Controversy of an Instagram Page: Students Complain About Mold and Mildew on Campus

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Controversy of an Instagram Page: Students Complain About Mold and Mildew on Campus

Students met in Blount Chapel to voice their concerns about the living conditions on campus.

Students met in Blount Chapel to voice their concerns about the living conditions on campus.

Students met in Blount Chapel to voice their concerns about the living conditions on campus.

Students met in Blount Chapel to voice their concerns about the living conditions on campus.

Lydie Kodio, Writer

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Earlier this semester students expressed their dissatisfaction with conditions in the residence halls through an anonymous Instagram account. The account included pictures of mold, mildew, roaches broken lights and broken ceilings and other problems they encounter. The account got the attention of administration leading to meetings and improvements.

Many students expressed their pride in the fact that students found their voice and raised the complaints.

“I was intrigued and excited to hear that someone was actually  trying to make a difference.” sophomore Xavier Aguilar said.

“It is about time that we actually stood up for ourselves and actually have a voice. I have been here for 4 years and everybody always complains but nobody wants to take actions behind it. Now we have a voice and a stand on what we are complaining about. I believe the university has to credit what happened because our motto is ‘one team, one family, one Averett.’ With this Instagram post I have seen Averett becoming that more. It is unifying the students,” senior Isaiah Howard said.

Students feel that some of the issues revealed by the Instagram posts were not new issues but ones the university should have been aware of.

“Averett has this tendency of making promises that are never being kept,” Aguilar said .

The whole Instagram page controversy went as far as being featured on local TV news stations and on the  GoDanRiver website.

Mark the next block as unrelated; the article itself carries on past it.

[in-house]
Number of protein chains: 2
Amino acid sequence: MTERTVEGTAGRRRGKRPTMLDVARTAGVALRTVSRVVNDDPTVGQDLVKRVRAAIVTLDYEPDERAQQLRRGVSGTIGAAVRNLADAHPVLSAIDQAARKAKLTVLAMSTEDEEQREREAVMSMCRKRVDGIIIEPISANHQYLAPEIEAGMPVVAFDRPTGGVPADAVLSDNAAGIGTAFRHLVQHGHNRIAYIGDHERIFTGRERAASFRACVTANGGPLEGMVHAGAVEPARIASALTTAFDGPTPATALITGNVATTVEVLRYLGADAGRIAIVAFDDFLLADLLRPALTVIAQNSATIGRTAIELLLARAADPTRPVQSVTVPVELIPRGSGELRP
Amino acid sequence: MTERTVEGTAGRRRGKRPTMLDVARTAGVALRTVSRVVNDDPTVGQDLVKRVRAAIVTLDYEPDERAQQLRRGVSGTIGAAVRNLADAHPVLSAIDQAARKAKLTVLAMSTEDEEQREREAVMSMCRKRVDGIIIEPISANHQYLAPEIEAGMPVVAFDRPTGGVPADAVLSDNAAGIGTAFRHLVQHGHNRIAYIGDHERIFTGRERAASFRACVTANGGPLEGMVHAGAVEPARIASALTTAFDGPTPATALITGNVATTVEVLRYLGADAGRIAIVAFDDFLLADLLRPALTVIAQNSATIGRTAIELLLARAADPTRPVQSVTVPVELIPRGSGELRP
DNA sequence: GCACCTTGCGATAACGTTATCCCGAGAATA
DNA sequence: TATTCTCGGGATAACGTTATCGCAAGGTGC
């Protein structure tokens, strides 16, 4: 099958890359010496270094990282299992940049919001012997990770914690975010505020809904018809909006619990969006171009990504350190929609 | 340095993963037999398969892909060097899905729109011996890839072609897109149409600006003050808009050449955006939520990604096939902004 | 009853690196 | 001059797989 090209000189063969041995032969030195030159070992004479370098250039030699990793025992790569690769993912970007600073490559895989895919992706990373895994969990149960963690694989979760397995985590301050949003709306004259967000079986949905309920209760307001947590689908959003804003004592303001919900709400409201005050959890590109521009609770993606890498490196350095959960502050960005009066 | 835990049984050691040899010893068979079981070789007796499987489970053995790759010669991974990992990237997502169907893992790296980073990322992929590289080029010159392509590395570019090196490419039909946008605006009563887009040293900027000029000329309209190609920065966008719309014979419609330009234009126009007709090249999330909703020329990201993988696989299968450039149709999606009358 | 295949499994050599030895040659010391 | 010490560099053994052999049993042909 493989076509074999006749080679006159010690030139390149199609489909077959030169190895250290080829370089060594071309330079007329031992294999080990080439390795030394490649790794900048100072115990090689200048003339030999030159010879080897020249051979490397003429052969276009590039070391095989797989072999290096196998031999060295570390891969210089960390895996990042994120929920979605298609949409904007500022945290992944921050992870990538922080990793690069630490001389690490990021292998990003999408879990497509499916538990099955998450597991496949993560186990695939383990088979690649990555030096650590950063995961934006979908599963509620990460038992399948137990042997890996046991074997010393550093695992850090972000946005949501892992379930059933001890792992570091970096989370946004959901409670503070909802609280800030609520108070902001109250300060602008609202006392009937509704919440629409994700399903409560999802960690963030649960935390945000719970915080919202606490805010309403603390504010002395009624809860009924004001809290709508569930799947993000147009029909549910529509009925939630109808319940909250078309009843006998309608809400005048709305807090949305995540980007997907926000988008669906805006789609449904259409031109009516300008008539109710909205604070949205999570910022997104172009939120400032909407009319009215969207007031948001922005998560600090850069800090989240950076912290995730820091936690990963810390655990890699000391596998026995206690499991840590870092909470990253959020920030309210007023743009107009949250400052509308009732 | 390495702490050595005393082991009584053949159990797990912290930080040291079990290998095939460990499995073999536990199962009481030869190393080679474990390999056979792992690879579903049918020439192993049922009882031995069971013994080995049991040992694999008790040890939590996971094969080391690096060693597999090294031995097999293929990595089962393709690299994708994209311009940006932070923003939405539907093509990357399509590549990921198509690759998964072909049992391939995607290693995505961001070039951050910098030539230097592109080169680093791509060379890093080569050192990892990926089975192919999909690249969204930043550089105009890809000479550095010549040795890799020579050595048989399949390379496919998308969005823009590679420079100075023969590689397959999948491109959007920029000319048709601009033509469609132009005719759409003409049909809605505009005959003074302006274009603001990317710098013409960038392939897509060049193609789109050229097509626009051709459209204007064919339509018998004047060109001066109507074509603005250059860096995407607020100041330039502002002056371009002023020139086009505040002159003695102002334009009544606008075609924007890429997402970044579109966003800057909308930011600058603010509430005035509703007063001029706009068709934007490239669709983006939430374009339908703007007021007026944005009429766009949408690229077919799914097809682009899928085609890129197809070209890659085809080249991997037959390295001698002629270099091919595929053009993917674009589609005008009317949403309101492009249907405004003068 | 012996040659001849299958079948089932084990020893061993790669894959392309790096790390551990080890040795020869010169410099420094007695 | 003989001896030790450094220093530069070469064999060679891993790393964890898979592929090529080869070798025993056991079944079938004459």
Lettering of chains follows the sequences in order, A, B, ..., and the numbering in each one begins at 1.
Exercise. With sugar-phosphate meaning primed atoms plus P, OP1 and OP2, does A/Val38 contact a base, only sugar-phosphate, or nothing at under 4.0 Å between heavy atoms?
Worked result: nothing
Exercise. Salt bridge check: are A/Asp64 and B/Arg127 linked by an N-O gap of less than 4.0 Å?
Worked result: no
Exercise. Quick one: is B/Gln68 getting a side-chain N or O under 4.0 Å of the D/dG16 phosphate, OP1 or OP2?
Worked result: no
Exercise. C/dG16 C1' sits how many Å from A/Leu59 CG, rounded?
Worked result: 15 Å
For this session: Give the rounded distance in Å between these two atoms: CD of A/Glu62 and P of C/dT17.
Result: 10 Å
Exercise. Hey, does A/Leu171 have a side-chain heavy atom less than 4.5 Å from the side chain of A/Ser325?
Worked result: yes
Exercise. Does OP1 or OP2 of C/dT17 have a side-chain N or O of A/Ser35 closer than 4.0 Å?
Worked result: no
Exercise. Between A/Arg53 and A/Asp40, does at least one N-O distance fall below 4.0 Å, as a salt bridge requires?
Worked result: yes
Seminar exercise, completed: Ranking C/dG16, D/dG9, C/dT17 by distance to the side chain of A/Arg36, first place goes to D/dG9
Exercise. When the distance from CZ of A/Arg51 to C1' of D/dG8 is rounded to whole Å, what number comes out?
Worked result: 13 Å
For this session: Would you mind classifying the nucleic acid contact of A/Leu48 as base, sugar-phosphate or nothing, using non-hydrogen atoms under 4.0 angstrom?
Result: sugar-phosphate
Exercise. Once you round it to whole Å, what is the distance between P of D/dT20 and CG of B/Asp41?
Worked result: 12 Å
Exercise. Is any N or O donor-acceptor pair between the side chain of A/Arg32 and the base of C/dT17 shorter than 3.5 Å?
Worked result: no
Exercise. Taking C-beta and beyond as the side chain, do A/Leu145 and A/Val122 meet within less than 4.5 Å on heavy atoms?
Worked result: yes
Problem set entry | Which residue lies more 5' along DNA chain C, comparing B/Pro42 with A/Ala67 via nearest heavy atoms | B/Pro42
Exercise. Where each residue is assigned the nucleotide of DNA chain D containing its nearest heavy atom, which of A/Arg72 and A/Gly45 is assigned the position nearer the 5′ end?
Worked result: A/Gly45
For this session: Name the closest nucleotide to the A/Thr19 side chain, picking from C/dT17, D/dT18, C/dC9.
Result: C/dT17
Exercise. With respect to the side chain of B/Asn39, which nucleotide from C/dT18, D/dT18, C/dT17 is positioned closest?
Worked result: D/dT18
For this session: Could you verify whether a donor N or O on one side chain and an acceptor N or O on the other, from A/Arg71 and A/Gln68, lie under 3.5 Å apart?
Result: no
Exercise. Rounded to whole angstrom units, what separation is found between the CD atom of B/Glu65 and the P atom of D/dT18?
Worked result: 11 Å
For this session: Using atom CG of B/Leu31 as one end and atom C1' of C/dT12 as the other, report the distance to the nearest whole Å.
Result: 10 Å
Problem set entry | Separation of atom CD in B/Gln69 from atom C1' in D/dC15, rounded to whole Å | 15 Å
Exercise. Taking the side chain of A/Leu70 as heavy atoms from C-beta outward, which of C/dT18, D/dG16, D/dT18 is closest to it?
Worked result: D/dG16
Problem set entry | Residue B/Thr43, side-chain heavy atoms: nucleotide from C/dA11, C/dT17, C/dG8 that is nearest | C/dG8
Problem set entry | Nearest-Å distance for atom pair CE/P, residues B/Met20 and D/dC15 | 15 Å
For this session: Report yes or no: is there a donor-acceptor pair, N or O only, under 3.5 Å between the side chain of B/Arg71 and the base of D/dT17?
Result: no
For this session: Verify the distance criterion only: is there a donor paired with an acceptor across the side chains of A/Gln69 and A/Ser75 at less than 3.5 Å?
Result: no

The issues were discussed in open forum meetings with questions being raised about where tuition money is going, why issues were being blamed on the storm damage that existed prior to the storm and why top level administrators like President Franks were not present at the forum. Franks has since met with student leaders and issued a statement to the student body.

Still, the students want to make sure that the solutions to the problems are permanent rather than one-time fixes.

“Our school tries to pride itself on the traditions of taking care of the outside of the campus such as the beautification team and what they do for the grounds and we keep on putting band aids on something that needs stitches,” Jordan Jones said.

“Also, we get blamed a lot for a lot of the issues that are going on with housing, they said that we are not reporting enough or not reporting at all but if you go to Res Life they can pull out the receipts,” Ronisha Dunlap, RA in the apartments, said.

It is evident that the students are determined to do whatever it takes to not only be heard but also to bring a change to their university, their home.  The university has responded with changes and promises. Students, who have now found their voices, will wait to see how those promises are being kept.